March 10, 2020
Senator Bernie Sanders is hoping for the kind of victory in Michigan on March 10 that he scored against Hillary Clinton in the 2016 primaries—coming from behind to win 49.8% of the vote compared to her 48.3%.
“I want to thank the people of Michigan, who repudiated the polls—which had us down 20-25 points—and repudiated the pundits, who said Bernie Sanders wasn’t going anywhere,” the Vermont Democratic Socialist said four years ago. .
The question is, can the far-left candidate return to The Wolverine State this week with another upset—reviving his once-formidable campaign, as fears grow among his followers that former Vice President Joe Biden is on the cusp of building an insurmountable delegate lead.
According to a report by The Hill, the Michigan primary ‘might be Sanders’s last best shot at slowing Biden.”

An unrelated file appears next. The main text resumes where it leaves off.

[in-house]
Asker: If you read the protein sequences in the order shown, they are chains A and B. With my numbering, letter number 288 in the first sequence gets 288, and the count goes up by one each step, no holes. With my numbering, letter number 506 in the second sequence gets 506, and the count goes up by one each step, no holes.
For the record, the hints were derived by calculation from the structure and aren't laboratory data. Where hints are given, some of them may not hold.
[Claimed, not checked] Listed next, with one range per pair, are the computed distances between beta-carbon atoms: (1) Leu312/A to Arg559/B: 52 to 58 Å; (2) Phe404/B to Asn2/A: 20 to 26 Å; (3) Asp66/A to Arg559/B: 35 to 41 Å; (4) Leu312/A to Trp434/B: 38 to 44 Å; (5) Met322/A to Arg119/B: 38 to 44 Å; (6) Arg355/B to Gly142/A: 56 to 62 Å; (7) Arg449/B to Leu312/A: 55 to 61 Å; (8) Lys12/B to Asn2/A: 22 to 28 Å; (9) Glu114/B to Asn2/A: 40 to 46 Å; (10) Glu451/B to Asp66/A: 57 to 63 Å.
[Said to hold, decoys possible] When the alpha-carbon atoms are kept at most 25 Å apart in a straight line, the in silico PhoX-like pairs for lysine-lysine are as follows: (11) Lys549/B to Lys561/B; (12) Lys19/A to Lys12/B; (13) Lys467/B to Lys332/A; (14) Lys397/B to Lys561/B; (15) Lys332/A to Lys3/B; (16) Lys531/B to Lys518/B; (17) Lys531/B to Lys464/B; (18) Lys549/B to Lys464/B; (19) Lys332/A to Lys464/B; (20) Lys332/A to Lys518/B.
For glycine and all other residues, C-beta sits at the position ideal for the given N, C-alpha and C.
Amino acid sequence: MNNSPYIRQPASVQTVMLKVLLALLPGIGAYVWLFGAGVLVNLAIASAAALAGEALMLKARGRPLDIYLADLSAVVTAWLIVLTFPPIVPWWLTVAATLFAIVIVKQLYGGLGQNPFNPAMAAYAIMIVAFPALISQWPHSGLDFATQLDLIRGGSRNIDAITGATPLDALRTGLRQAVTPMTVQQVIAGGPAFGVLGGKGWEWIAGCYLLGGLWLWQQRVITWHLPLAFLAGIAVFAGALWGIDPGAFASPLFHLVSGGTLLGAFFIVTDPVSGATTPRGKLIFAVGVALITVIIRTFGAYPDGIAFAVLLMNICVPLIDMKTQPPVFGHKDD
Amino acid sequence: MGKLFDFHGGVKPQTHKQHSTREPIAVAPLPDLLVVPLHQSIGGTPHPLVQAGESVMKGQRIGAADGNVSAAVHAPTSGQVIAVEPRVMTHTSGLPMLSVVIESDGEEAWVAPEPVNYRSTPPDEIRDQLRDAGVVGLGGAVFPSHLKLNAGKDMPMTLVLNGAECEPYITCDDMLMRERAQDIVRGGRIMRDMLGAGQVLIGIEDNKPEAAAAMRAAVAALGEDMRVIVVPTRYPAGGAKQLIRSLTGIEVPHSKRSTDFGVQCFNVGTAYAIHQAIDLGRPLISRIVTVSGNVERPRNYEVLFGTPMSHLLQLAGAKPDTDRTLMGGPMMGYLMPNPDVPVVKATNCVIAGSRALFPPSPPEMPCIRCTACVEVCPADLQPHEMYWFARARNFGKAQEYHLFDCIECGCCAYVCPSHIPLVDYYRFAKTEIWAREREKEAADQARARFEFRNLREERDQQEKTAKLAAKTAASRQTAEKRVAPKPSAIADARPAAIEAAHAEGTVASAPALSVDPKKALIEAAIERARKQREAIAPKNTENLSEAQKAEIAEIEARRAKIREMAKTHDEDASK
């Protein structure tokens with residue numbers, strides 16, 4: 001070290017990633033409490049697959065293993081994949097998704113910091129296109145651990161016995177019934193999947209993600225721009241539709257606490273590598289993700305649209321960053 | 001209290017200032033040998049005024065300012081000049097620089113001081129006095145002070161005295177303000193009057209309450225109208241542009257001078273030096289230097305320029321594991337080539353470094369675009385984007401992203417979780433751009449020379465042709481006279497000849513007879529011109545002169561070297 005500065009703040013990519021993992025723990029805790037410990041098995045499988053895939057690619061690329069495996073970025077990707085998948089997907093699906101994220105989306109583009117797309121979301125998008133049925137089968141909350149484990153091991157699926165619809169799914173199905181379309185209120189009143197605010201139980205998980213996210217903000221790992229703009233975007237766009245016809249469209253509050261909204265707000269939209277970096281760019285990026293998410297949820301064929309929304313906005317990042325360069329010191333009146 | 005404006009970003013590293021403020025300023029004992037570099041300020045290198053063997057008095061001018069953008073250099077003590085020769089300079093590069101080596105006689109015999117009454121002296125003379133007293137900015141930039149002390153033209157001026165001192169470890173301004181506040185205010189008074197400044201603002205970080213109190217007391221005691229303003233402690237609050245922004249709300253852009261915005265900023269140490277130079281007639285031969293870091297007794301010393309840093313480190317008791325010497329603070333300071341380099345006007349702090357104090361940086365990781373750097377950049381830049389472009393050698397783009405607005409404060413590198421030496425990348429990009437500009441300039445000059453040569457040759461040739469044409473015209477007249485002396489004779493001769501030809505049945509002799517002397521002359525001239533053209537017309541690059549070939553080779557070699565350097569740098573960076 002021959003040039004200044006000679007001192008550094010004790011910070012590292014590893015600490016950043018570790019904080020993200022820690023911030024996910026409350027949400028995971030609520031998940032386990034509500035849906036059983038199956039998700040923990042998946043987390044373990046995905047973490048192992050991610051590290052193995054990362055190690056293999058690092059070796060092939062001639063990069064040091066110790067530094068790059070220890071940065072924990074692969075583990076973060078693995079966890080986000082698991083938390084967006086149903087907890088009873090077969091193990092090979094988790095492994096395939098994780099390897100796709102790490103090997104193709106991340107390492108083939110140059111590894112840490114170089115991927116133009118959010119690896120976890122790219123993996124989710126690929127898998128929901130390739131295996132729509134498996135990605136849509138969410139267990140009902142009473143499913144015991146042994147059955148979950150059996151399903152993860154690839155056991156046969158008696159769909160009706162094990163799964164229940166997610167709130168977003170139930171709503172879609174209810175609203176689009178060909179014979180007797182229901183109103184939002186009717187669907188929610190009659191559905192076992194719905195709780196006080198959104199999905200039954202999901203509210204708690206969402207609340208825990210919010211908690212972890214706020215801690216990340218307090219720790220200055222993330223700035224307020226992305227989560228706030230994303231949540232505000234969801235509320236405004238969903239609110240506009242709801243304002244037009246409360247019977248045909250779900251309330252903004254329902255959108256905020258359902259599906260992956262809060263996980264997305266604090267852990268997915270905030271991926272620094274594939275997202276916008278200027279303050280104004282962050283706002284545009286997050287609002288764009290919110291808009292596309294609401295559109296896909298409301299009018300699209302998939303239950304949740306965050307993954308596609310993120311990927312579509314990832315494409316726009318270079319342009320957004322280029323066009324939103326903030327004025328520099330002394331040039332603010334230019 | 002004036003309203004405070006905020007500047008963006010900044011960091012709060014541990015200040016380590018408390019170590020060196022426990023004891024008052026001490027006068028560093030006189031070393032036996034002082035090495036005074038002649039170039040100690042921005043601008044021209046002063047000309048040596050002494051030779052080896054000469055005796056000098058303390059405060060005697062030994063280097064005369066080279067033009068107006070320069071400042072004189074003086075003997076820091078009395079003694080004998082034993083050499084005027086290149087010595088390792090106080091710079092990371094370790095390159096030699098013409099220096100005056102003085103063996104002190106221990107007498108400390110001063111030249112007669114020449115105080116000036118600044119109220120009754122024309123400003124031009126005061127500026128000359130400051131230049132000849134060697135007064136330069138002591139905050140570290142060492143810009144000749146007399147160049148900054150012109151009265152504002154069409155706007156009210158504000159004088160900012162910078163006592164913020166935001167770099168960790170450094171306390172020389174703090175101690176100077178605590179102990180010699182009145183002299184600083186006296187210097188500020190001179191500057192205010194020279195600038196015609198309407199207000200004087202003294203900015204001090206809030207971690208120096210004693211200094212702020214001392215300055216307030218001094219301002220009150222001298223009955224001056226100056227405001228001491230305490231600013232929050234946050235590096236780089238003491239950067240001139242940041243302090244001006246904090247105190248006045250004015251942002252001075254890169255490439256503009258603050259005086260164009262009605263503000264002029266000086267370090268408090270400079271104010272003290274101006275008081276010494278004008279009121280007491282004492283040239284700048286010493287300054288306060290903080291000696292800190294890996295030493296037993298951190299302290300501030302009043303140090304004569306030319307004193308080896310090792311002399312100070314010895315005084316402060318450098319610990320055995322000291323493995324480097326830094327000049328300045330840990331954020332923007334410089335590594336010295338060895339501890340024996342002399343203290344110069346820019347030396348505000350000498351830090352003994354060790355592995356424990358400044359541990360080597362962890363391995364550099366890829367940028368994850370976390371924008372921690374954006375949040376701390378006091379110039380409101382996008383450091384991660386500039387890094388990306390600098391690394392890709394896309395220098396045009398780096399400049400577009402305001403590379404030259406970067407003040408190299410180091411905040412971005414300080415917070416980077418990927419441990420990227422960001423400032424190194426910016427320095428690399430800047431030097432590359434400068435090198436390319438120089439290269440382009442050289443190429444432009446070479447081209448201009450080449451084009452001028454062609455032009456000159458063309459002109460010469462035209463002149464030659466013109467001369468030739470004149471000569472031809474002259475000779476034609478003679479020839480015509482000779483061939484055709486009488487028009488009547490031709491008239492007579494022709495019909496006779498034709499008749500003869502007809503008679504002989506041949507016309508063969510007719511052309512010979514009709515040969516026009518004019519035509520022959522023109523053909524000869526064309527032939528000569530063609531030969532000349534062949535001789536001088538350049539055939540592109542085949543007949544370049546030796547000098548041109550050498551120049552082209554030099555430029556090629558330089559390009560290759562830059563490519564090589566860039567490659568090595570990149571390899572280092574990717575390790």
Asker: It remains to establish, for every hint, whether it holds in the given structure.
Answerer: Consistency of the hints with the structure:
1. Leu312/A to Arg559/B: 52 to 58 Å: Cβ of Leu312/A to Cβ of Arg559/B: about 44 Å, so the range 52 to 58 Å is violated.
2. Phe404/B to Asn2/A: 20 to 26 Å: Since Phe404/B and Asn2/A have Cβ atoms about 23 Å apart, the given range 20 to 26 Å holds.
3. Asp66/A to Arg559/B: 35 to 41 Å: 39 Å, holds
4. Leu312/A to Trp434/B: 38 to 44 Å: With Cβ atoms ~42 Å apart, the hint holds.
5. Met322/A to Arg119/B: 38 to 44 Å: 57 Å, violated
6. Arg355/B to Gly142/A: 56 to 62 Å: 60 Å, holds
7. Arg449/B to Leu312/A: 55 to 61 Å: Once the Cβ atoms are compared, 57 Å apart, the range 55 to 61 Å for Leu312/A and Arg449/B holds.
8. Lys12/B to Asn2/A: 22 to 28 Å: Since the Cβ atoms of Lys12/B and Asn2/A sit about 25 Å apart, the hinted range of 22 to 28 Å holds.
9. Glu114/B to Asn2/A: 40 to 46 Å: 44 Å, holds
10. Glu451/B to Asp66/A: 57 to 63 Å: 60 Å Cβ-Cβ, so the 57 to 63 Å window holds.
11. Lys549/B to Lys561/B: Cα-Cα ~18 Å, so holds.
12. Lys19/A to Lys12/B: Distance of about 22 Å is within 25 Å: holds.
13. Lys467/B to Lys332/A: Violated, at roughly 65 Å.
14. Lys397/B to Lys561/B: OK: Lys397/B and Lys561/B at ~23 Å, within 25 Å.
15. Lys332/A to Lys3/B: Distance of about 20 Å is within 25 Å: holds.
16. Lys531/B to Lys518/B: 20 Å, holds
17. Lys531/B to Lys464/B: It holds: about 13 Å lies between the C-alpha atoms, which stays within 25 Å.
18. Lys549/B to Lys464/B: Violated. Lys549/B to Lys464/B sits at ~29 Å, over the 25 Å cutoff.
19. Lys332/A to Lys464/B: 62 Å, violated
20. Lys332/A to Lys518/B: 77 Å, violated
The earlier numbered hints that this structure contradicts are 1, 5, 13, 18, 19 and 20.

There are 125 delegates at stake in Michigan, more than anywhere else on Tuesday night. “The map becomes very difficult for Sanders in the weeks ahead,” The Hill notes, “with Biden appearing poised for blowout victories in Mississippi on March 10 and Florida on March 17.”
Sanders is cutting his losses in Mississippi, canceling a planned trip there and adding new stops across Michigan. He has not been remotely competitive with Biden in southern states with large black populations, the news outlet states.
“Since Bernie is cutting loose the Southern states … [Michigan] certainly looms as a crucial state that he probably has to win big to offset delegate gains Biden will likely make in the next two weeks in places like Florida, Mississippi, and probably Missouri,” Jonathan Tasini, a progressive strategist and Sanders supporter, told The Hill.
A Detroit News poll released on March 3 found Biden at 29% support, followed by Sanders at 22.5%; Bloomberg at 10.5%; and Warren at 6.7%.
Research contact: @thehill